• Thanks Bang, I’ll check that out. I can use any help I can get, since Obama got in my whole plan in life has been altered my retirement destroyed until I can figure it out! I’m on my own with no family to help, I wish people could really understand how this is destroyed everything I work for! And angers me so, and no I don’t want socialized medicine

    • Thanks Bang, I’ll check that out. I can use any help I can get, since Obama got in my whole plan in life has been altered my retirement destroyed until I can figure it out! I’m on my own with no family to help, I wish people could really understand how this is destroyed everything I work for! And angers me so, how people are believing this. And then technically I’m being called lazy!! The ignorance if this is crazy! Thanks again for the help!

    • ” .. I notice you haven’t provided any details to support any of your arguments either ..”

      You didn’t read my response, did you? Here is the data again — don’t make me post it, a 3rd time — https://www.ifs.org.uk/publications/13111

      “Overall, our analysis shows that the NHS performs neither as well as its supporters sometimes claim nor as badly as its critics often allege. Compared with health systems in similar countries, it has some significant strengths but also some notable weaknesses.

      “Its main weakness is health care outcomes. The UK appears to perform less well than similar countries on the overall rate at which people die when successful medical care could have saved their lives ..

      Single-payer, “Medicare for all” — make everyone suffer. Just like OweBamaDontCare.

  • Thanks to the pathological liar…. TRUMP and his royal minions.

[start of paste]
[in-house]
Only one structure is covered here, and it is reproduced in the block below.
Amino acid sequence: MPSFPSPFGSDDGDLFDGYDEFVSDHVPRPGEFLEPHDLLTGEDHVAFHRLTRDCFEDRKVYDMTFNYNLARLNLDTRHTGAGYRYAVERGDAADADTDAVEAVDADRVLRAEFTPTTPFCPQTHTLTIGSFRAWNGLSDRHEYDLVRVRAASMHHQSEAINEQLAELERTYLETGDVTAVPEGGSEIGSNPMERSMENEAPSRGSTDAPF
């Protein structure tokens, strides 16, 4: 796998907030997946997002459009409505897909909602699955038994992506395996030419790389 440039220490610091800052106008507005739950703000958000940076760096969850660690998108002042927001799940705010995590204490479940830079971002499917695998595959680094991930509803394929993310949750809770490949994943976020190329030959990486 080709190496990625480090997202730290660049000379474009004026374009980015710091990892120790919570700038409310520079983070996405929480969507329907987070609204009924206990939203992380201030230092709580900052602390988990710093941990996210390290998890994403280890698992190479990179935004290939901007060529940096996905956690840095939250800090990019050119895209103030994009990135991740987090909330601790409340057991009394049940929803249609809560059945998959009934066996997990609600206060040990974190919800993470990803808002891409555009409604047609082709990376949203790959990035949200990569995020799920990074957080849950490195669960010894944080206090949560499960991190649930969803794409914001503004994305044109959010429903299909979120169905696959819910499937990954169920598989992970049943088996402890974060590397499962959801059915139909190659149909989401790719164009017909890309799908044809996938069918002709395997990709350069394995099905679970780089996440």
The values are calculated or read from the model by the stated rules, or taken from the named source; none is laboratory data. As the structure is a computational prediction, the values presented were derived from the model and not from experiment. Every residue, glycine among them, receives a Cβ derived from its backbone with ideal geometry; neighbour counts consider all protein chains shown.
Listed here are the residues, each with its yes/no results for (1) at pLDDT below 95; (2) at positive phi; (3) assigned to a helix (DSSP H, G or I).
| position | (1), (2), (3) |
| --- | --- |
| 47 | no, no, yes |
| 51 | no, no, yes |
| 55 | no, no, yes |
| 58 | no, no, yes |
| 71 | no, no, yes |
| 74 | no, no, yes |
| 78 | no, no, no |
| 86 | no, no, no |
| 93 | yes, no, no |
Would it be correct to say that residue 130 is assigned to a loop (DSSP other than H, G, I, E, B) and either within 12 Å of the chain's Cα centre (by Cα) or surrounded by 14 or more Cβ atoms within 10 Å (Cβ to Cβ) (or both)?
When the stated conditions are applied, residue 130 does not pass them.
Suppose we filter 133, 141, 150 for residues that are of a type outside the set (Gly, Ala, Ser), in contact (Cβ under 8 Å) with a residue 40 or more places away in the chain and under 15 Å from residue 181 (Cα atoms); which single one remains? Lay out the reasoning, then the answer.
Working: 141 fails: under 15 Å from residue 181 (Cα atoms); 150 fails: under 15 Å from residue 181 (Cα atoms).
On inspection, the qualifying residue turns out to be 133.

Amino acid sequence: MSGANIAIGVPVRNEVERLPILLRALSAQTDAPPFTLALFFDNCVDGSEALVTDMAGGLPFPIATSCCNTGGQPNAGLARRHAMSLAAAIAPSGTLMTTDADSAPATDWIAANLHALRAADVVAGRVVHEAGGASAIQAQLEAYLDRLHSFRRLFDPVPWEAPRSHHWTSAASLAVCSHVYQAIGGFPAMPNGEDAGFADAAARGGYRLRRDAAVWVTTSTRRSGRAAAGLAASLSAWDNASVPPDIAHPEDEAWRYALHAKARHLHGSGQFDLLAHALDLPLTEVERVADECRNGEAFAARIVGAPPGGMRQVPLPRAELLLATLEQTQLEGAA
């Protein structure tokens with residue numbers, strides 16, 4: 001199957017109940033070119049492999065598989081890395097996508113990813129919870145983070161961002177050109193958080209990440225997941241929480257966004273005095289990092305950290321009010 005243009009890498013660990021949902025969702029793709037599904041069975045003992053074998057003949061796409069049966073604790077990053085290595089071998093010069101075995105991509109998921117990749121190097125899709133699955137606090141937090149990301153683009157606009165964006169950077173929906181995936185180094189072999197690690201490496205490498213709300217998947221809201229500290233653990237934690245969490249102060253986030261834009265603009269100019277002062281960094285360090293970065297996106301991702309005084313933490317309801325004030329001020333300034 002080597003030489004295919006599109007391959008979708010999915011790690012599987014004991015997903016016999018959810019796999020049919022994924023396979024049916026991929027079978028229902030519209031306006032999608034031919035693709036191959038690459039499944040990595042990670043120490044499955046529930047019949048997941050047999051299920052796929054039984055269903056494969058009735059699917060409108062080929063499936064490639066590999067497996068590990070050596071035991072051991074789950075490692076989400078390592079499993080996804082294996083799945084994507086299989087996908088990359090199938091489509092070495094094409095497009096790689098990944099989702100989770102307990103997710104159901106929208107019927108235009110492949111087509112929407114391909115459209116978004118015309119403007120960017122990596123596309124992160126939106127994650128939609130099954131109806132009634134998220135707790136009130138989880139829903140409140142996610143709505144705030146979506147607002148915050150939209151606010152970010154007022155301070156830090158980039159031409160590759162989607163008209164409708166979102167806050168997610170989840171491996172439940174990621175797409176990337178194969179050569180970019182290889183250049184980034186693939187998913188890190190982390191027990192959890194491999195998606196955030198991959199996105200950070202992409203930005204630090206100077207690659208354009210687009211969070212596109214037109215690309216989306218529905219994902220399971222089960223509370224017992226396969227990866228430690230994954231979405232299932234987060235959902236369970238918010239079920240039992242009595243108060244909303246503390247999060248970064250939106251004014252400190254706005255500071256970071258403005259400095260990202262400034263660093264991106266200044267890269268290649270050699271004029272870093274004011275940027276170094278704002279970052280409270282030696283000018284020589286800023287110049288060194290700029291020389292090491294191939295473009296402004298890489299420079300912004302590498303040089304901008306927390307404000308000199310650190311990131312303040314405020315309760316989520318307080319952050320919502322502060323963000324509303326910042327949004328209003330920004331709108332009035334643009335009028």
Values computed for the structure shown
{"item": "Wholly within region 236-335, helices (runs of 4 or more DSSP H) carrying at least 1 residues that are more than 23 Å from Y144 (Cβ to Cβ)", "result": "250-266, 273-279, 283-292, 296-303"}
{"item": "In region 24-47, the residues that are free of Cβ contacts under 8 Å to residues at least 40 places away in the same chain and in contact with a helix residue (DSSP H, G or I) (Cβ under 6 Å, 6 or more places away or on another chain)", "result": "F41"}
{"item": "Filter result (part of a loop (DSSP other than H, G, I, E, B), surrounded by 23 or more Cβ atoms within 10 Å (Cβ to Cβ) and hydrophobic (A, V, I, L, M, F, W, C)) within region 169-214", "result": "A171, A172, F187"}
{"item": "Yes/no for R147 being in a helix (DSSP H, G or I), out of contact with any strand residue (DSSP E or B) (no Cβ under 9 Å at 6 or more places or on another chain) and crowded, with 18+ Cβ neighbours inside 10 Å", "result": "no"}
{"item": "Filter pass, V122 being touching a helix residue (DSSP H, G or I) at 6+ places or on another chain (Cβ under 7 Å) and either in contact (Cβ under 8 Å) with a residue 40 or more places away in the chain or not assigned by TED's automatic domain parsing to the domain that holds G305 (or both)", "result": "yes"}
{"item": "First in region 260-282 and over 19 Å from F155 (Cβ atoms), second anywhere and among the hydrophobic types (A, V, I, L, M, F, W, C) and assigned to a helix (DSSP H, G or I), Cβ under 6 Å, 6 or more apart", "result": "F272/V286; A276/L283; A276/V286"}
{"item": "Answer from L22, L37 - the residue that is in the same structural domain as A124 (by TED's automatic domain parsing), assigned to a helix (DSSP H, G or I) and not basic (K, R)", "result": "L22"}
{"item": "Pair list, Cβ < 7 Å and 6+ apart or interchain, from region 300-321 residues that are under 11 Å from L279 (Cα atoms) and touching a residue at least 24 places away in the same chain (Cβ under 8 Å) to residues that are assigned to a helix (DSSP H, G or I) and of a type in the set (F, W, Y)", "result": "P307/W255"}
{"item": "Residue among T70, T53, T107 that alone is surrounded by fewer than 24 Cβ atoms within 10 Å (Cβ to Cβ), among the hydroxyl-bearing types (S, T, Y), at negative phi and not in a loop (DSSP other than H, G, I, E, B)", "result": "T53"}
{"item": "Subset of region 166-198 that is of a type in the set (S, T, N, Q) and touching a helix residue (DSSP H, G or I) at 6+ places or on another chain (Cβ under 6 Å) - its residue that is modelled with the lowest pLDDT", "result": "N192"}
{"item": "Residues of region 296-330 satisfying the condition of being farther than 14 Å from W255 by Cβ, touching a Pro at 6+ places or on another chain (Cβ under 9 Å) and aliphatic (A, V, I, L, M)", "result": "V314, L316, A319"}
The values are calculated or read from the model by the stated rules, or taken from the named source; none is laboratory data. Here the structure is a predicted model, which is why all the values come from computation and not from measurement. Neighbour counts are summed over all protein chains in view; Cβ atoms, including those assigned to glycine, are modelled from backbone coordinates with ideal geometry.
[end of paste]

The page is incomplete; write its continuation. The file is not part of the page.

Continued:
Until something is done, God help us all.

    • MJ, you left out the biggest lie — “You can keep your doctor” .. WashPost “Lie of the Year” 2013. You’re welcome.

    • Ignore Bang Ding Ow. Anyone who didn’t keep their doctor did so out of their own laziness in not making sure their doctor was in network before buying a plan. Which is the same thing they would have needed to do when changing insurance companies before ACA.

    • Ignore WashPost fact-finding? Why? Because it doesn’t fit your politics?

      Not good enough, J. No sale, pal.

  • I understand the distress of not having insurance for pre-existing conditions! But then why not just get insurance for everything after your sick? Or don’t buy car insurance until after the accident, or house insurance until after the fire? Where would the funds come from if that were all possible?

    • Difference is that if you have a high premium on your house due to living in a flood zone, you have other options. You can move. If you can figure out some way for me to move out of my broken-ass body, I’m all ears.

    • So where would the money come from? Should the doctor who spent a half of million dollars,and studied to get the degree not get paid, hospital and staff all volunteer,all meds made free? Just asking,where would it come from?

    • ” .. I notice you haven’t provided any details to support any of your arguments either ..”

      Here is the data again — don’t make me post it, a 3rd time — https://www.ifs.org.uk/publications/13111

      “Overall, our analysis shows that the NHS performs neither as well as its supporters sometimes claim nor as badly as its critics often allege. Compared with health systems in similar countries, it has some significant strengths but also some notable weaknesses.

      “Its main weakness is health care outcomes. The UK appears to perform less well than similar countries on the overall rate at which people die when successful medical care could have saved their lives ..

      Single-payer, “Medicare for all” — make everyone suffer. Just like OweBamaDontCare.

    • Gottahavehope. This is why we had the individual mandate. In this way it WAS no different from car insurance – we ensure that people don’t get insurance after the accident by requiring them to have insurance in order to be on the road. If we reinstated the mandate there would be no “paying for it” issue. It should never have been turned over in the first place.